India rejects US claims on import duties, says tariffs within global trade norms of WTO
Duties which are imposed on imported goods are called applied rates and the extent to which a country can increase those duties are known as bound rates.
Rejecting the US claims of imposing "tremendously high" tariffs, India on Tuesday said its import duties are not high and are within the norms of the World Trade Organisation (WTO). "We do not agree with that at all. Our tariffs (import duties) are very consistent with the bound rates that we are entitled to in the WTO," Commerce Secretary Anup Wadhawan told reporters here. "Our tariffs are very comparable to more liberal developing economies and some developed economies," he added.
He said India's tariffs are within the bound rates under the WTO commitments, and on the average are well below those rates. Duties which are imposed on imported goods are called applied rates and the extent to which a country can increase those duties are known as bound rates.
India's trade weighted average tariff is 7.6 per cent, which is comparable with the most open developing economies, and some developed economies. The commerce ministry, in a statement, said on developmental considerations, there may be a few tariff peaks, which is true for almost all economies.
US President Donald Trump had claimed that India is a "tariff king" and imposes "tremendously high" tariffs on American products like Harley Davidson motorcycles. Trump has said he intends to end the preferential trade status granted to India, asserting that New Delhi has failed to assure America of "equitable and reasonable" access to its markets.
The US has also been raising the issue of trade deficit with India. The bilateral trade was USD 74.5 billion in 2017-18 against USD 64.5 billion in 2016-17.
The commerce ministry mentioned that due to various initiatives resulting in enhanced purchase of US goods like oil and natural gas and coal, the US trade deficit with India has substantially reduced in 2017 and 2018.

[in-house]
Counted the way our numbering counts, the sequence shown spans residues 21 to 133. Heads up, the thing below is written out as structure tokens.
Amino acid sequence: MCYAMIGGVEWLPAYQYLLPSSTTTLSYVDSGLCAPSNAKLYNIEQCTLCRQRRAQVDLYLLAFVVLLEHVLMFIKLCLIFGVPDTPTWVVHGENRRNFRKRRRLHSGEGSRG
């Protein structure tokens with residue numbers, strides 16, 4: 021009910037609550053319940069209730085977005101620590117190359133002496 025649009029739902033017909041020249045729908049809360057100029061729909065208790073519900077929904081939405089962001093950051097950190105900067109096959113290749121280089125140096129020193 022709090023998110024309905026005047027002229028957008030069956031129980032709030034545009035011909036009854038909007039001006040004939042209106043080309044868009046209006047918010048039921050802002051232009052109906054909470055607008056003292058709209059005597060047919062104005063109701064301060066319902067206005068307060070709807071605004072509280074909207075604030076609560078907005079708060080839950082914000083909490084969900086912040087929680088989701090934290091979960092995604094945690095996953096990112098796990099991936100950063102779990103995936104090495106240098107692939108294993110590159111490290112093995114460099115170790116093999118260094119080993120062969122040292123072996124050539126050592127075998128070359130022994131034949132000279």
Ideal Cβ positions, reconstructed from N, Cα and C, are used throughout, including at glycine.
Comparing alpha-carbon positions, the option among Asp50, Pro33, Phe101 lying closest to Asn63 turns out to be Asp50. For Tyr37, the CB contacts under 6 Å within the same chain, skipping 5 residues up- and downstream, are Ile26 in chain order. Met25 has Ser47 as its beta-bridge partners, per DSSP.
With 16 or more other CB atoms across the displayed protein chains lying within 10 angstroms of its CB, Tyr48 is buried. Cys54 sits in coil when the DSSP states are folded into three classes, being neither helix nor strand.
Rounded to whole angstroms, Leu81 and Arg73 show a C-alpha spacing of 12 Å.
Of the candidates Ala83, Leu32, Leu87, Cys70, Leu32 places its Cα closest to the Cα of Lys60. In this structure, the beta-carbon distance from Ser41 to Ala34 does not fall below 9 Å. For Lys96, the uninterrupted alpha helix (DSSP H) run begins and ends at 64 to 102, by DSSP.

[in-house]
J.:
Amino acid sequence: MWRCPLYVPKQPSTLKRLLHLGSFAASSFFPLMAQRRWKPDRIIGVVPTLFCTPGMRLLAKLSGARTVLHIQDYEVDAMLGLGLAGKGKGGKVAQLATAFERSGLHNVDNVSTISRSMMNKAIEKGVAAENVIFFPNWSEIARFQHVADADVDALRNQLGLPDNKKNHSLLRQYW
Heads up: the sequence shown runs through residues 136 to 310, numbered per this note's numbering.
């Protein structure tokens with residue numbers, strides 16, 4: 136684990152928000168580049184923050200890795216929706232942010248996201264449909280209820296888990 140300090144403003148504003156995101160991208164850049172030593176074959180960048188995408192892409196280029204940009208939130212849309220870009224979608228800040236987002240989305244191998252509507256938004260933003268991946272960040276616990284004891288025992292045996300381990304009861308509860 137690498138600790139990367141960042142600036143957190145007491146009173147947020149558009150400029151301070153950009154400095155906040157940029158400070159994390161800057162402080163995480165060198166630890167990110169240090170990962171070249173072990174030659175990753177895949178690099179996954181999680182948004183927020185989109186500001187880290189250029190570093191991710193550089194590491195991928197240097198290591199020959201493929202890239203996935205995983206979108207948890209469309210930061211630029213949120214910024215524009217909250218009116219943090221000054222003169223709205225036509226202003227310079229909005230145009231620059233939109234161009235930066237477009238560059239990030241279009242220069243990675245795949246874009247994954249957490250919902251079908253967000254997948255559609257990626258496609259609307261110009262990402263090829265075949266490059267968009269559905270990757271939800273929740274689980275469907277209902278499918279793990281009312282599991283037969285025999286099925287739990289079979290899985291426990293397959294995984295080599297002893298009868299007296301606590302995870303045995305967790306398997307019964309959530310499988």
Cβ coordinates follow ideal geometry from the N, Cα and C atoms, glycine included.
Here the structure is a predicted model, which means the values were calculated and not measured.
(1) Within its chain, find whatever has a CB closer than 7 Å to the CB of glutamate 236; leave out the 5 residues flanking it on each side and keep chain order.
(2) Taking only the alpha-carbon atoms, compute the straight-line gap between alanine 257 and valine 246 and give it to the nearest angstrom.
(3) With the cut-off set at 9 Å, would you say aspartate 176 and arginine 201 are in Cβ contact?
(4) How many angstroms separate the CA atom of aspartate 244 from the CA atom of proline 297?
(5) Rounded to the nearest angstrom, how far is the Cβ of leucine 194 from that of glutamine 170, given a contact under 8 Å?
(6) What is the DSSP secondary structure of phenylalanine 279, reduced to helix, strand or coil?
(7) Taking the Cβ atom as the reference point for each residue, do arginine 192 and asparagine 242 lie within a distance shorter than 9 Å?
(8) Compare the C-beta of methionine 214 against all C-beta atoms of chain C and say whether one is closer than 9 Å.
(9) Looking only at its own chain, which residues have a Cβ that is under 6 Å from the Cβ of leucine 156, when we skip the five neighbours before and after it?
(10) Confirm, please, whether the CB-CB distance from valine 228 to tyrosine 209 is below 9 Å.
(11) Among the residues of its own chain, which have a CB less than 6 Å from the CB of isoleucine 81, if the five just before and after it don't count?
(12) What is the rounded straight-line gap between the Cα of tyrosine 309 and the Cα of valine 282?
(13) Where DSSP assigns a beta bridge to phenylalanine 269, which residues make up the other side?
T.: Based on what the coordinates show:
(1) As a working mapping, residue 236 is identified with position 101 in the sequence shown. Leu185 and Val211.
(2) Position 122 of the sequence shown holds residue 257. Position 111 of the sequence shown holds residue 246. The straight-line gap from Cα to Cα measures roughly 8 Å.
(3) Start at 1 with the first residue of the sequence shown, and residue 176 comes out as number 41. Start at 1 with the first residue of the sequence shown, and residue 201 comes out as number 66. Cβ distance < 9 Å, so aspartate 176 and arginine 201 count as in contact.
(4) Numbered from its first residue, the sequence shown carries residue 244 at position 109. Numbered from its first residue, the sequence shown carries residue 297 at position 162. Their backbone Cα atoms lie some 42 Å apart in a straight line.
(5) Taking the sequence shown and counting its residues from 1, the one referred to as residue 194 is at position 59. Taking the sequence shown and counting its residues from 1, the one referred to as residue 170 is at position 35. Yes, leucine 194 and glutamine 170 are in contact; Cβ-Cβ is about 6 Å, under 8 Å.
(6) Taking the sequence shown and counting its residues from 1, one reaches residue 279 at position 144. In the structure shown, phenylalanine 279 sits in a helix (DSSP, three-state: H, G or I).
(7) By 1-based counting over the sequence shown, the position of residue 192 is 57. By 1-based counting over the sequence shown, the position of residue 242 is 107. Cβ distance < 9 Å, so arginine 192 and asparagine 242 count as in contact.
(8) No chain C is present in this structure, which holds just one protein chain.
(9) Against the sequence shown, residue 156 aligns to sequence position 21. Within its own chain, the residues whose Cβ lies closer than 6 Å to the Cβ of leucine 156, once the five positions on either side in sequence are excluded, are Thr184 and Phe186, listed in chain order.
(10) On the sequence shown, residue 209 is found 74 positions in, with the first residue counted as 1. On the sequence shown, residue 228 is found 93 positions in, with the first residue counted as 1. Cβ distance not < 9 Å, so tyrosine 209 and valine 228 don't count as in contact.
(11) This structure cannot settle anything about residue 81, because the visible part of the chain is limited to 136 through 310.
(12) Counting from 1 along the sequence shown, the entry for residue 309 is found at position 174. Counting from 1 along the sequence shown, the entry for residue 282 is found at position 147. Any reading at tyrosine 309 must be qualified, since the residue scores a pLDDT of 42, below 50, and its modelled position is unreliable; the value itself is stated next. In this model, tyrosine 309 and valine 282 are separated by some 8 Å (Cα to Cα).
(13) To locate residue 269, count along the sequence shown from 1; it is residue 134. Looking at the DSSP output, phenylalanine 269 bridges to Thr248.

"The reduction is estimated to be over USD 4 billion in 2018, with further reduction expected in future years on account of factors like the growing demand for energy and civilian aircraft in India," it said.
This reduction, it added, has happened in the face of a rising overall US trade deficit, including with some other major economies.
"India is also a thriving market for US services and e-commerce companies like Amazon, Uber, Google and Facebook with billions of dollars of revenue," it said.
The commerce ministry said that on the US demand to reduce import duties on certain IT products, the country has conveyed that its duties are moderate and not import stopping.
"Any MFN (most favoured nation) duty reduction would almost entirely benefit third countries. Accordingly, India conveyed willingness to extend duty concessions on specific items in which there is a clear US interest," it said.
On telecom testing, India was willing to consider discussions for a Mutual Recognition Agreement, it added.
It said that acceptability of the US market access requests related to products like alfalfa hay, cherries and pork was also conveyed to them.
The US has demanded market access for various agriculture and animal husbandry products, relaxation/easing of procedures related to issues like telecom testing / conformity assessment and tariff reduction on ICT products.
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"India was ready to address US concerns regarding medical devices in principle, by putting in place a suitable trade margin approach in a reasonable time frame to balance concerns about fair pricing for the consumers and adequate remuneration for the suppliers," the ministry said.
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